This solution makes it possible to refurbish a blade directly to its final dimensions, but it does not fully eliminate the problems associated with insufficient compactness. Even though, with suitable adjustment of the laser, the pores observed are much less significant than in the previous case, it is still necessary to resort to a method of eliminating them after the refilling, in order to ensure a sufficient fatigue strength in the case of titanium alloy compressor blades.
Other methods of refilling by spraying metal, followed by compaction operations such as HIP pressing, have been proposed, for example those described in the Patent Applications EP 1643011 and EP 1743729 of the company General Electric, or EP 1897972 of United Technologies. It will be noted that these hot isostatic pressing operations are carried out under high-temperature conditions, since they generally exceed the temperature of 700° which, for the titanium alloy TA6V, corresponds to its recrystallization temperature. In the first document D1, the temperature used lies between “substantially 700°” and “substantially 950°”, while in the third it ranges from 800 to 1000°; it is not specified in the second document.
Likewise, the pressures applied during these HIP pressing operations (varying between 14 and 28 bar for the first, and of the order of 10 bar for the third) generally remain relatively low in this case, which is not very favorable for the elimination of pores. It is an object of the present invention to overcome these drawbacks by providing a repair method which does not have at least some of the drawbacks of the prior art and, in particular, which eliminates the possible pores created during the refilling, without the risk of deforming the profile of the blade.
To this end, the invention relates to a method for repairing a metal part by refilling the damaged parts by spraying a powder of said metal onto said part, characterized in that the method comprises a step of laser-refilling the damaged parts with the aid of said powder, followed by a step of hot isostatic pressing, the maximum temperature applied during said isostatic pressing not exceeding the recrystallization temperature of said metal.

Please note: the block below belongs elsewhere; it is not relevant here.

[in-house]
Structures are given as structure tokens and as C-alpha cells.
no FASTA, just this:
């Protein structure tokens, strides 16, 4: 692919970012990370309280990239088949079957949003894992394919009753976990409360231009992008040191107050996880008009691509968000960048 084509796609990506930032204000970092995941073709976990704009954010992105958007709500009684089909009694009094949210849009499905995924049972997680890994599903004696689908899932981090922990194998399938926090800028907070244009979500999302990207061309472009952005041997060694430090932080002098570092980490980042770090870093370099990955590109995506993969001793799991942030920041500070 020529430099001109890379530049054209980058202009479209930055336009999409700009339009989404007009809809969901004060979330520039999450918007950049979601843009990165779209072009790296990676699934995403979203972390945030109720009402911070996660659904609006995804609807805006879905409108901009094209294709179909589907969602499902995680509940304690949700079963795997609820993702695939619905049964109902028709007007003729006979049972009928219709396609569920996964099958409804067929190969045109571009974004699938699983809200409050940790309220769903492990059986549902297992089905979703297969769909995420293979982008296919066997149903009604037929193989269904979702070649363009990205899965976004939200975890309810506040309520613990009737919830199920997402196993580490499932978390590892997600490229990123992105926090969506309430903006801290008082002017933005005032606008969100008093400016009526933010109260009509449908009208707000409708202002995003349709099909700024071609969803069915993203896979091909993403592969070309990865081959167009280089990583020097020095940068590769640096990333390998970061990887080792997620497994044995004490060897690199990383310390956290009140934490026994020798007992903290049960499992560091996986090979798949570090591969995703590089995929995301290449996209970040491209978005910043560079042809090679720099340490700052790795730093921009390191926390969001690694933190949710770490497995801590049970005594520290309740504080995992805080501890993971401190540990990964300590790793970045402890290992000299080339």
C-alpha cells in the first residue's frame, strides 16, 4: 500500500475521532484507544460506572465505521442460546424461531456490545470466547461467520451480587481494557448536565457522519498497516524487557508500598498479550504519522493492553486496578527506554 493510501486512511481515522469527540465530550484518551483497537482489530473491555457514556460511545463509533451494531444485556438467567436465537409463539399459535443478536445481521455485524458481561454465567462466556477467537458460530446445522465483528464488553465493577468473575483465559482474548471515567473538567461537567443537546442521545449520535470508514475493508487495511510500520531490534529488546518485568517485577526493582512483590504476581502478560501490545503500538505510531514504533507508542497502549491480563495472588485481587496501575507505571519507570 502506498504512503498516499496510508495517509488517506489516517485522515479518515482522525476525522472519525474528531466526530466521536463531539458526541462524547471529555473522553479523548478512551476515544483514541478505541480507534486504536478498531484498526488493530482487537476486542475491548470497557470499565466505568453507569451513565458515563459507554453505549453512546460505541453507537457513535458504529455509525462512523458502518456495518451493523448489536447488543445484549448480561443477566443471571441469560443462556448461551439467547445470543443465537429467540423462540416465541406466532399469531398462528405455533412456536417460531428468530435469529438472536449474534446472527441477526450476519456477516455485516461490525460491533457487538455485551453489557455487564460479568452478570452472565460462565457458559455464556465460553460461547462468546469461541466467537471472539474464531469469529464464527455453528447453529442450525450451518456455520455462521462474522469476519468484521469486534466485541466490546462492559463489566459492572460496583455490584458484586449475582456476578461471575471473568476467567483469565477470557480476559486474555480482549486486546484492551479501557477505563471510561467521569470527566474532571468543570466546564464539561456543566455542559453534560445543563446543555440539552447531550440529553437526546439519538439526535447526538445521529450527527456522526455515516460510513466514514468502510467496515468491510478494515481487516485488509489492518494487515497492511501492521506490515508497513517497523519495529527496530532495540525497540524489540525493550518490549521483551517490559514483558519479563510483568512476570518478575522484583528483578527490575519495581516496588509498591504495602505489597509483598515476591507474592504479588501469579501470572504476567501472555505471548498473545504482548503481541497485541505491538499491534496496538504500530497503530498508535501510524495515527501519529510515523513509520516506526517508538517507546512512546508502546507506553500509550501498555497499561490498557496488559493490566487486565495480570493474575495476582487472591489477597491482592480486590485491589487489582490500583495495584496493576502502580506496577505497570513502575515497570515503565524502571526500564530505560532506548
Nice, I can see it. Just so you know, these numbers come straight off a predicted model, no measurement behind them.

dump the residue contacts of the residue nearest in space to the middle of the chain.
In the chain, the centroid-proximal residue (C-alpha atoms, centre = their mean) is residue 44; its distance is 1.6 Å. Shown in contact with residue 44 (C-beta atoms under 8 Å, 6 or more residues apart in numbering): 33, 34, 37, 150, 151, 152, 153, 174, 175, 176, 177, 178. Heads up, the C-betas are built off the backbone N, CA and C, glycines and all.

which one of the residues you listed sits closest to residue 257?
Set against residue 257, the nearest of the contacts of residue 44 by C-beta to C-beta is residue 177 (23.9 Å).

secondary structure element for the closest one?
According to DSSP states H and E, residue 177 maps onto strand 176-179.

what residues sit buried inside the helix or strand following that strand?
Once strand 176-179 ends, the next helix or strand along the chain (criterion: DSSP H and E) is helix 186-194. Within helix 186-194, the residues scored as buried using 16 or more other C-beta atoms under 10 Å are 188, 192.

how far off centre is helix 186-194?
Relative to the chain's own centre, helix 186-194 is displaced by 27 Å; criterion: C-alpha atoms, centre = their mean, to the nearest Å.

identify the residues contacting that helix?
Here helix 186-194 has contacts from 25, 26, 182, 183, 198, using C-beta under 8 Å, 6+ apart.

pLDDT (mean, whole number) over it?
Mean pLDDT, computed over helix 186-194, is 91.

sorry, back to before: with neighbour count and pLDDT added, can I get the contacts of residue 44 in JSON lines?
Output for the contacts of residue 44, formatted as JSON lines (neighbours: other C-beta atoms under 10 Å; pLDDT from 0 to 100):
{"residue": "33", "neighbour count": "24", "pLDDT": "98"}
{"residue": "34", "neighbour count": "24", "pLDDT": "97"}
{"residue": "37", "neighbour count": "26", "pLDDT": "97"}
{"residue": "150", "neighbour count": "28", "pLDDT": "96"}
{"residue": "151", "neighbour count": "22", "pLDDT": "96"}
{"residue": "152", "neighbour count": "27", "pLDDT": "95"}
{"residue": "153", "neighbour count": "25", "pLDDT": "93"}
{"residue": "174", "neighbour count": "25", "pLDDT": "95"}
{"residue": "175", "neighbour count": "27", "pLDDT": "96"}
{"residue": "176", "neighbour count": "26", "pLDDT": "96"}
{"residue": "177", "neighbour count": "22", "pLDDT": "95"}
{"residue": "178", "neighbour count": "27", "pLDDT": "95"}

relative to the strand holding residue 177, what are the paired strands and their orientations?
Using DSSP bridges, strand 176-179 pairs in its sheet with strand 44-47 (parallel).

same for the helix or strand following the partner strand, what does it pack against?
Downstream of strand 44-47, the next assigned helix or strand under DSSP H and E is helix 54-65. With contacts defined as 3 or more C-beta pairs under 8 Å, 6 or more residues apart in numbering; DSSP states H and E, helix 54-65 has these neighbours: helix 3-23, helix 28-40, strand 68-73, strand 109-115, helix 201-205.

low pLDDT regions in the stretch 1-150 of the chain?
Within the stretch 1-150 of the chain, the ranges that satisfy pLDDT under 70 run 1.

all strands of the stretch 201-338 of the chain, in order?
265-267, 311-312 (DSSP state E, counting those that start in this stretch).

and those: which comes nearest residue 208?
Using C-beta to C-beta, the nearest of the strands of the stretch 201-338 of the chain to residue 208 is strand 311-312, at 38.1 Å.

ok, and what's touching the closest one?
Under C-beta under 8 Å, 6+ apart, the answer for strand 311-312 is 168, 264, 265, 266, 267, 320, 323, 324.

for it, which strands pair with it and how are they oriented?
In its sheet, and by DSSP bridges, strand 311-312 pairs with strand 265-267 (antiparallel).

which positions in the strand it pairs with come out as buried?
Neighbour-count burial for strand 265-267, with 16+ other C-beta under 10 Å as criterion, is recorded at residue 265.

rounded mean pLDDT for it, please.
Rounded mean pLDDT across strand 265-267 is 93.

By remaining below the recrystallization temperature of the metal, deformations of the metal part are avoided and it can be produced to final dimensions during the laser refilling operation. No milling operation is then necessary after the HIP pressing in order to restore the part to its precise geometrical shape.
Preferably, this method may be carried out on a turbine engine compressor blade made of titanium alloy.
In this case, the maximum temperature is at most equal to 680° C.
In one particular embodiment, the part is maintained at the maximum temperature for a time at least equal to two 2 hours.
The increase in the holding time at the maximum temperature makes it possible to compensate for the lowering of said maximum temperature and obtain a similar result.
Preferably, the pressure of the isostatic pressing is at least equal to 970 bar.
In a particular embodiment, the temperature rise does not exceed 350° C./h.
In another particular embodiment, the temperature decrease at the end of isostatic pressing does not exceed 100° C./h.
Advantageously, the pressure decrease at the end of isostatic pressing does not exceed 20 bar/min.
The invention will be better understood, and other objects, details, characteristics and advantages thereof will appear more clearly during the following detailed explanatory description of an embodiment of the invention given by way of purely illustrative and nonlimiting example, with reference to the appended schematic drawing.